Cysteine Biosynthesis and Sulfur Fixation in the Archaea

Open Access
Borup, Birthe
Graduate Program:
Doctor of Philosophy
Document Type:
Date of Defense:
February 16, 2001
Committee Members:
  • James Gregory Ferry, Committee Chair
  • Philip C. Bevilacqua, Committee Member
  • Juliette T J Lecomte, Committee Chair
  • Joseph M Bollinger Jr., Committee Member
  • NifS
  • cysteine desulfuration
  • IscS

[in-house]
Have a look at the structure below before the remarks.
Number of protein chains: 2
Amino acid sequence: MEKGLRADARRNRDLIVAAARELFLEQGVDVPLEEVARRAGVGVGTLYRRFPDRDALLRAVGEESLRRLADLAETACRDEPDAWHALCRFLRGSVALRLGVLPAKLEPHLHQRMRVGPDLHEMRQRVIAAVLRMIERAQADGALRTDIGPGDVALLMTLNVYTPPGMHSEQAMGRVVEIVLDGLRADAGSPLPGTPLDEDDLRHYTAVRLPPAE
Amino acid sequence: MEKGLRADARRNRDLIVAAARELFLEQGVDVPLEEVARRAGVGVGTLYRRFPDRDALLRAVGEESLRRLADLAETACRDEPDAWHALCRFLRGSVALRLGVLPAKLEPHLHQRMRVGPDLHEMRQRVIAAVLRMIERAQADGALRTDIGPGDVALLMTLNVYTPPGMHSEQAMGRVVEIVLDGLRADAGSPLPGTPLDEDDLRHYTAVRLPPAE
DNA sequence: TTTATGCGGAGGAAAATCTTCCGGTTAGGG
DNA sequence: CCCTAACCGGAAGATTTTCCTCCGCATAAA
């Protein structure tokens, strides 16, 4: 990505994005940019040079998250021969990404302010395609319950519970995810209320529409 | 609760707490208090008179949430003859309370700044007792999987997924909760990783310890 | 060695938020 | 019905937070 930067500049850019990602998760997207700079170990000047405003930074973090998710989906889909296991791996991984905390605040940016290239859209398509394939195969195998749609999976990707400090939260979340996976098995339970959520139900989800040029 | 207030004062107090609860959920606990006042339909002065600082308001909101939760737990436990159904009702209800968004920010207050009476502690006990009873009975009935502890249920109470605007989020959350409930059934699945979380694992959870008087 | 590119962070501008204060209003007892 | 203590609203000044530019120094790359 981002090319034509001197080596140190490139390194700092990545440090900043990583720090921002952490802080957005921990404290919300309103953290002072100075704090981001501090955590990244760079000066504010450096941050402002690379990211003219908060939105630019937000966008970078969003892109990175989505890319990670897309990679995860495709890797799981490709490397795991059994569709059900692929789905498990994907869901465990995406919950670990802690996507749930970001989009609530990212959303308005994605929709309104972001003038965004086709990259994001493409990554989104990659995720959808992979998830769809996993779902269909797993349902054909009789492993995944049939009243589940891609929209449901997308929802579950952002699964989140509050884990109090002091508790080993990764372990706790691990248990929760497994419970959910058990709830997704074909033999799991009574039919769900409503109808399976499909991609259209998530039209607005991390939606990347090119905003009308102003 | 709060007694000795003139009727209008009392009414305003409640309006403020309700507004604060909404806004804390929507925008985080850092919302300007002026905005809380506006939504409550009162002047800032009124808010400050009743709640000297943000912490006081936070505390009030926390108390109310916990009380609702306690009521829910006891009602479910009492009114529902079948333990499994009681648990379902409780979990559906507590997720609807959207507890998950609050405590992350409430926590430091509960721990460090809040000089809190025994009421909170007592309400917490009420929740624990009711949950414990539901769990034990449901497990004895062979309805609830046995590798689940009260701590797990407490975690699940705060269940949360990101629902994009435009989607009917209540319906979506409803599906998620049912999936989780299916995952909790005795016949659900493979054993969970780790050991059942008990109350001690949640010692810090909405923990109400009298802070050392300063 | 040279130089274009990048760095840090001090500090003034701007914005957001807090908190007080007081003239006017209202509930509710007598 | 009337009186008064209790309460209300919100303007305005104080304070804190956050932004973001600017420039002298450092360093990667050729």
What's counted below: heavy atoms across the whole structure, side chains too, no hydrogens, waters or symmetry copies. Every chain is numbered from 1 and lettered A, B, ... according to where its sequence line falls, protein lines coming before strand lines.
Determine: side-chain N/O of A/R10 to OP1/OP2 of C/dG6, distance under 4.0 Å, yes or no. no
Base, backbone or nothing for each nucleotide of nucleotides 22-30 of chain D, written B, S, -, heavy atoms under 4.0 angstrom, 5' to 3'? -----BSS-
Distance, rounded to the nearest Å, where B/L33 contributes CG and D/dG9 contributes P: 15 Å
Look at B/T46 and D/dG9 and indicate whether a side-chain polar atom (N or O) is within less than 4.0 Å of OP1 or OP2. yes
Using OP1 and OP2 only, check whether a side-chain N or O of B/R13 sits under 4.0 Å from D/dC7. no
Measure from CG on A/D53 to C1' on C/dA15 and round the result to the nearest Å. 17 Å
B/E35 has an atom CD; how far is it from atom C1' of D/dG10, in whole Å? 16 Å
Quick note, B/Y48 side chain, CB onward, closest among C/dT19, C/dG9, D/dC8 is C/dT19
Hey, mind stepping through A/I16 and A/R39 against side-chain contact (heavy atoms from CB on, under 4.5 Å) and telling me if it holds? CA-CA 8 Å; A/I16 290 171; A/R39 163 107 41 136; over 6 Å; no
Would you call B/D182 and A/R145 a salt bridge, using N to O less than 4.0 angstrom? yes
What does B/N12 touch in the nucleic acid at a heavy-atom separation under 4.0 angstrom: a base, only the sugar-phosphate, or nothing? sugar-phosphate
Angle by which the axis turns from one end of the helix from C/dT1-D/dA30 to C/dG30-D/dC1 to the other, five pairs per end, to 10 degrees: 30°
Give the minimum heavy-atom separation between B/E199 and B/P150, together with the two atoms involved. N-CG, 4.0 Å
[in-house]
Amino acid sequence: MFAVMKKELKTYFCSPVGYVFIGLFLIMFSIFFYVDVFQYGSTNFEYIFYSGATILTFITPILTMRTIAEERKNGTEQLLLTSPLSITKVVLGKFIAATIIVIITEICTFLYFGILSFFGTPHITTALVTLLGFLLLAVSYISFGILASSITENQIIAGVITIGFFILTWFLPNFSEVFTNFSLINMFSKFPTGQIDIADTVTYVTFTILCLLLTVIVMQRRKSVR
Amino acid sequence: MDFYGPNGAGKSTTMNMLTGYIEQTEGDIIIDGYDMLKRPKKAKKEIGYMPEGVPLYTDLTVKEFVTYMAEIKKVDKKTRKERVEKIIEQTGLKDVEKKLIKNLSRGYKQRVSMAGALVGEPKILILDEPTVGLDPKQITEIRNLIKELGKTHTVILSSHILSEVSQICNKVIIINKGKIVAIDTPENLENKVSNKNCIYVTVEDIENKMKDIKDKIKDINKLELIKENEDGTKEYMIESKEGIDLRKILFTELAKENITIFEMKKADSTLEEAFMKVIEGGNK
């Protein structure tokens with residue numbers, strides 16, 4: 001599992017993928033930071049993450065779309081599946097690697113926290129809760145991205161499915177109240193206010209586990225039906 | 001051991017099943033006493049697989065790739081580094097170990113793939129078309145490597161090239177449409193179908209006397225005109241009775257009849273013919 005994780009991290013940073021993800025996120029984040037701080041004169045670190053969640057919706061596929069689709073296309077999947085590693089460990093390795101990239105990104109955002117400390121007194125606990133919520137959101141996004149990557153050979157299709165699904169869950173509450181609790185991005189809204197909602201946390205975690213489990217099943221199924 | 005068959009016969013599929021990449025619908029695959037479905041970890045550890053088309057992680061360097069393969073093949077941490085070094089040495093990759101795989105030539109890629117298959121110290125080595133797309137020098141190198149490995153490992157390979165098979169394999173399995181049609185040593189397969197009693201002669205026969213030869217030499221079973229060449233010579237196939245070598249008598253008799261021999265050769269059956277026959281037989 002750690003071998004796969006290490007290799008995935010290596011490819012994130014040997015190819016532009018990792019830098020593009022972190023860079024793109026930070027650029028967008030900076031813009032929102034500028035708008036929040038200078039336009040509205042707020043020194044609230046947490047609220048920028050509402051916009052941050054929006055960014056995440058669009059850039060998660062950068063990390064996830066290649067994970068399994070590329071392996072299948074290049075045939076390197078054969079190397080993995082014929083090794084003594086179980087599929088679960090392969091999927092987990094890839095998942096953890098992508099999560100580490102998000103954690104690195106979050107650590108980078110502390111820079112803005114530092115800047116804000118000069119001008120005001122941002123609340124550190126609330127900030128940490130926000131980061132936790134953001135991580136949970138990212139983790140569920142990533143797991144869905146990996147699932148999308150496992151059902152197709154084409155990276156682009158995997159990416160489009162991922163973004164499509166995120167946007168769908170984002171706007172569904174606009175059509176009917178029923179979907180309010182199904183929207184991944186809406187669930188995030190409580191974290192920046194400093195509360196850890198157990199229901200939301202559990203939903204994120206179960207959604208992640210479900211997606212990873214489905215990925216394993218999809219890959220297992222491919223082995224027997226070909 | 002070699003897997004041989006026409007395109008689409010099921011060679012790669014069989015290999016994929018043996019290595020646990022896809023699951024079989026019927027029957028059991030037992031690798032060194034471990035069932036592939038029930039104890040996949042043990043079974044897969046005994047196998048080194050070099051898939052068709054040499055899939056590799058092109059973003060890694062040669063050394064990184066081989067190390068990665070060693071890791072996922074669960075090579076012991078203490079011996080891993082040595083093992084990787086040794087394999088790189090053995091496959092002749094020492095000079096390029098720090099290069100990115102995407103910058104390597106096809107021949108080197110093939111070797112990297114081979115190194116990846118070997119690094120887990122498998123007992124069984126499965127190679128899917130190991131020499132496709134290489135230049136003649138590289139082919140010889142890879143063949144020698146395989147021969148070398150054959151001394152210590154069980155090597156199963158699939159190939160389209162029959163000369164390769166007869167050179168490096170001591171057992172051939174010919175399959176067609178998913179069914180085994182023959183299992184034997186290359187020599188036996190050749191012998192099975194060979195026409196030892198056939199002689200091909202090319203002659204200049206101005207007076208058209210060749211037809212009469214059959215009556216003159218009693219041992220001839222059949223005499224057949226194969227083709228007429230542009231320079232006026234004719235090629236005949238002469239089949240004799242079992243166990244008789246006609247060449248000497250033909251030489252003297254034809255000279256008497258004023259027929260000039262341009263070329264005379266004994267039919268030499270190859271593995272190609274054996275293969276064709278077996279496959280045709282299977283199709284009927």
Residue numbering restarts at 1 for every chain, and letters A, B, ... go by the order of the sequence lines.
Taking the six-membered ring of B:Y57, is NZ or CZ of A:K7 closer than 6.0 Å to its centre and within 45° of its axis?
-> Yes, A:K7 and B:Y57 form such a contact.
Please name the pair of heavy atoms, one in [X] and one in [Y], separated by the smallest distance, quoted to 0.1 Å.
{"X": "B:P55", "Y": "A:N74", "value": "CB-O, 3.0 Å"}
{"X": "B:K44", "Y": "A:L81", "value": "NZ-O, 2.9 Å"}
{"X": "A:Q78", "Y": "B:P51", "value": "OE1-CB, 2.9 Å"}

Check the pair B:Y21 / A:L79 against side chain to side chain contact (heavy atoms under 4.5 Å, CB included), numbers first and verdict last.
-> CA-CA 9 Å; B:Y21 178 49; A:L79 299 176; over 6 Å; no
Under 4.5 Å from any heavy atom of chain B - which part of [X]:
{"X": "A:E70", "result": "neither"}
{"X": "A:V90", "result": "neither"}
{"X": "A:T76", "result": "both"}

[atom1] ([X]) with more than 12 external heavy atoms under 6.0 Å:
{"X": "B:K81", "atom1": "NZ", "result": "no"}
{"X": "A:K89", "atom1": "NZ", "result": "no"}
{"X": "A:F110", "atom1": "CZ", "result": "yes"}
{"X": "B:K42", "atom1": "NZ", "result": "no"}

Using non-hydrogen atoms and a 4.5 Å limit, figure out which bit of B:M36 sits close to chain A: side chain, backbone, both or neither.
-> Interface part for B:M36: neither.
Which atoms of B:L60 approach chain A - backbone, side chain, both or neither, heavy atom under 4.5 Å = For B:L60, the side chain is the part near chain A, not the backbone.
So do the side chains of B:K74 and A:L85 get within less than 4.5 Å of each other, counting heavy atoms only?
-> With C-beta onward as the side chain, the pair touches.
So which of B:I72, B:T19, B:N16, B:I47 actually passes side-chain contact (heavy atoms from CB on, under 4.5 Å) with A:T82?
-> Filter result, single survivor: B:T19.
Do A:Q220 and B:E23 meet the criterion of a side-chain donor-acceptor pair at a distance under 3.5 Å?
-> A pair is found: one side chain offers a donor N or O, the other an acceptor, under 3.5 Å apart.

Cysteine plays a critical role in the structure, stability and catalytic function of many proteins in all domains of life. Cysteine is also the major source of sulfur for the synthesis of sulfur-containing compounds in organisms of the Bacteria and Eukarya domains. Two routes for cysteine biosynthesis in nature have been documented, pathways I and II. Plants and members of the Bacteria domain synthesize cysteine and fix sulfur via pathway I. Fungi fix sulfide and synthesize cysteine using pathway I or II. Although the genomes of seven members of the archaea have been sequenced to date, the data offer little understanding of cysteine biosynthesis in this domain. Presented here is the purification and characterization of the first archaeal enzyme catalyzing sulfur fixation and cysteine biosynthesis, O-acetylserine sulfhydrylase, from the methanoarchaeon Methanosarcina thermophila. Evidence was obtained for the involvement of O-acetylserine sulfhydrylase in cysteine biosynthesis by pathway I through biochemical, physiological and genetic means. O-acetylserine sulfhydrylase from M. thermophila exhibits positive co-operativity indicative of involvement in a biosynthetic pathway. O-acetylserine sulfhydrylase expression is elevated under growth conditions where the organism must synthesize cysteine, compared to expression levels where cysteine is provided in the media. The two genes involved in pathway I are transcribed in the same direction and possibly form an operon in M. thermophila. Activities of enzymes of pathway II are not detected in cell free extract, indicating that the only other pathway known for the synthesis of cysteine is not operable in M. thermophila under the conditions tested. Evidence is presented implicating an additional function for O-acetylserine sulfhydrylase. Over 90% of cysteine desulfurase activity in cell extracts of cells grown with cysteine as the sole sulfur source is due to O-acetylserine sulfhydrylase, suggesting the possibility that O-acetylserine sulfhydrylase provides the primary source of sulfide for biosynthesis. Patterns of expression levels in the presence and absence of sulfide, growth patterns with trimethylamine, inhibition by ammonia of the desulfurase activity, and changes in sulfide concentration of the media during growth support this interpretation. Experimental advances were made to obtain genetic knock-out mutants in M. thermophila deficient in the genes of pathway I to determine if an additional, novel pathway exists for cysteine biosynthesis in the archaea, and to test the hypothesis for the role of O-acetylserine sulfhydrylase in the desulfuration of cysteine to supply sulfur for biosynthesis. In addition a novel assay was developed for sulfide detection in cell extracts that is less prone to high background absorbances than published methods.